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Freshwater Versus Saltwater—the Wave Pool Dilemma


Wave pools are all the rage these days.

They are popping up all over the place—even in areas that have lots of natural waves, like right here on Oahu (speaking of which, has anyone tried out the Wai Kai wave pool yet?).

Courtesy: atthelineup.com/ Wai Kai

 

They are all over Australia and the US, including in Melbourne, Brisbane, Waco, and of course Lemoore. They are also popping up in Europe (where Wavegardens are quite popular), Brazil, and even China (where the government has built a rip-off version of Slater’s Surf Ranch for their Olympic surf team to train in). 

While these pools all use different technologies and produce different types of waves, they have one thing in common—none of them are saltwater pools. People might wonder why wave pools—which are ostensibly trying to recreate the surf experience—would opt for freshwater instead of saltwater. In reality, there’s a very good reason, and that’s corrosion.


 

Anyone who works in the maritime industry—whether on boats, docks, oil rigs, or any other form of oceanic construction—will tell you that saltwater is one of the most corrosive substances on the planet. What many people don’t realize is that this corrosiveness is a product of chemical changes that happen due to the ability of dissolved salt ions to conduct electricity, particularly to metal substances.

This conduction of electricity across different materials causes the salt ions to “steal” electrons from metals, which results in corrosion, typically in the form of some type of rust. (For those interested in human health, this is similar to the process that happens in the body, where oxidation causes the breakdown in cells that ultimately result in aging and disease. Foods with antioxidants, such as blueberries, contain an extra electron that offsets the negatively charged ions in oxygen). While certain types of metals have been created specifically to combat corrosion, they are not fool-proof, and eventually everything succumbs to the power of the ocean. (For evidence of this, look at the thousands of shipwrecks around the world, which are all just big piles of rusted metal.)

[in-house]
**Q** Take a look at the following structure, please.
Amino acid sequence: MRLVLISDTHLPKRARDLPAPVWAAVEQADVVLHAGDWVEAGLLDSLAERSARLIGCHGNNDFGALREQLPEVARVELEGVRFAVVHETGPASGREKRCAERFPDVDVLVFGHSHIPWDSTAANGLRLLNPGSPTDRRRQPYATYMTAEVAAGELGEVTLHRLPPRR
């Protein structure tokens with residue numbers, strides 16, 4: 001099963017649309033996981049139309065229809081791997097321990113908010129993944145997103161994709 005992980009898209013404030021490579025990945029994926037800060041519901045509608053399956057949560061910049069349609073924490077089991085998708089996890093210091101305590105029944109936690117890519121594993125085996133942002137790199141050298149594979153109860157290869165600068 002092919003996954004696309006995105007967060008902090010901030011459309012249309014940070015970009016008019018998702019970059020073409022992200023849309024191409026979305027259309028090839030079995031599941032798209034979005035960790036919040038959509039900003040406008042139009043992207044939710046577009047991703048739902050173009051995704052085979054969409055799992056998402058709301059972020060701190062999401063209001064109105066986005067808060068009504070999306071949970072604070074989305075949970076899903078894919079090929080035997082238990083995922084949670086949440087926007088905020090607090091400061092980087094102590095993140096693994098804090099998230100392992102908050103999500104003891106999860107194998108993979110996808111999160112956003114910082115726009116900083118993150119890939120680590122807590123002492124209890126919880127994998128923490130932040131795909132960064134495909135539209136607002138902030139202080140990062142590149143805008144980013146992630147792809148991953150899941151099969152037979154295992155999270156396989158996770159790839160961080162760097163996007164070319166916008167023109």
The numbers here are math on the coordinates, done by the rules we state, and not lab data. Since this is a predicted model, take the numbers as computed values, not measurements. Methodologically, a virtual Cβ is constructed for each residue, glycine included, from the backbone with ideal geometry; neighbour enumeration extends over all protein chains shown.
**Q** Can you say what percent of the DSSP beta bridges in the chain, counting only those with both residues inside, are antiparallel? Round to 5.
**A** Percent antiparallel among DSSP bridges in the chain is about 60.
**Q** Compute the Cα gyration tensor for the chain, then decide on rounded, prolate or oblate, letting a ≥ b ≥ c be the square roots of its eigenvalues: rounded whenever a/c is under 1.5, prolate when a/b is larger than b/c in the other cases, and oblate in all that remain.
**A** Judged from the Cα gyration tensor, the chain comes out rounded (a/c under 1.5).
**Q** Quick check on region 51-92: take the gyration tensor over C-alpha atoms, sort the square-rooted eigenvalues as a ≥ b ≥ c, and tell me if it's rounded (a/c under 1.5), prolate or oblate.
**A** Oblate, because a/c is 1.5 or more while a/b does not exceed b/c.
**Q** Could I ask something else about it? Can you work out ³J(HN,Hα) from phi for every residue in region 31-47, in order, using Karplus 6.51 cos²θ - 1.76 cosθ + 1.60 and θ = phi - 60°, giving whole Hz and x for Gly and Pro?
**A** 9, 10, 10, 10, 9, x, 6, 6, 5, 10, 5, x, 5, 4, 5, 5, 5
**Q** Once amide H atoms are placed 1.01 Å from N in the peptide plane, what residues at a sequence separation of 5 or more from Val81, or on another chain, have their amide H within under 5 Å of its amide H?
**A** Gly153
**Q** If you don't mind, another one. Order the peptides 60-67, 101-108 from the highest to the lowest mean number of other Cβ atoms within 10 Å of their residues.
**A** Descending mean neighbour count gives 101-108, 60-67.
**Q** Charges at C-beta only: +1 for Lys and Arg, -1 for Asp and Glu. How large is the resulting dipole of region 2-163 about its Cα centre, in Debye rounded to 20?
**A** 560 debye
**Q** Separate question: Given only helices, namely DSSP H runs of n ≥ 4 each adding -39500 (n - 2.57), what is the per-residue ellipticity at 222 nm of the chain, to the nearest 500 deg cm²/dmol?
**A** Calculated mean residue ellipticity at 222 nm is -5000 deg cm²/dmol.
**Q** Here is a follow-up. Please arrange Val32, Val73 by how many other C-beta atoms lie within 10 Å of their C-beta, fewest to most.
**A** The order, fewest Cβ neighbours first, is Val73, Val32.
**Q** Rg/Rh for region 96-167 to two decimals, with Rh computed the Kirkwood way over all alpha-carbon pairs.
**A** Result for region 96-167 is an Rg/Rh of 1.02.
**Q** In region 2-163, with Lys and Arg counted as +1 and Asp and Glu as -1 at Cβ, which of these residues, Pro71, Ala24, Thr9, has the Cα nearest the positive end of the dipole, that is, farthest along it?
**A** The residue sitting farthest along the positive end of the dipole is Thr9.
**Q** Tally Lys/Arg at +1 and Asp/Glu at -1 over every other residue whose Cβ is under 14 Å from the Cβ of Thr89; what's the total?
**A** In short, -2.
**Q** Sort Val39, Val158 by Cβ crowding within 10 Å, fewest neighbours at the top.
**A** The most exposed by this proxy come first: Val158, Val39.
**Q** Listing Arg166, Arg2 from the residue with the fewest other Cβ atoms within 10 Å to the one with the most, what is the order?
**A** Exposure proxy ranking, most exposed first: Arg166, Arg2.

Wave pools make their money from staying open and providing waves to people, so anything that causes them to be shut down for maintenance is a money suck. And while freshwater also causes corrosion (especially when it has to be chlorinated in order to keep people safe), it does so at a much slower rate than saltwater, which means less metal parts to be replaced and less downtime at the pool.


This explains why most wave pools use freshwater rather than saltwater. But wait! Things might be changing. Kelly Slater unveiled his Surf Ranch 2.0 in Abu Dhabi last week, with a bunch of former world champs visiting him to break the pool in. In addition to featuring an endless barrel section, there are rumors that the pool might also be using saltwater!

 Surf Abu Dabhi

@surfabudhabi

 

On Instagram, someone commented that it must be difficult to find enough freshwater in a desert environment like Abu Dhabi to support a wave pool (not to mention the environmental ramifications of using that much freshwater), but Slater responded publicly that the pool is actually using water from the ocean. We aren’t sure how the pool works (whether it is using desalinized saltwater, or simply reinforced materials that can handle the salty corrosion), but if Slater is to be believed, his new pool just might be the first one with water that tastes like the ocean. Sign us up!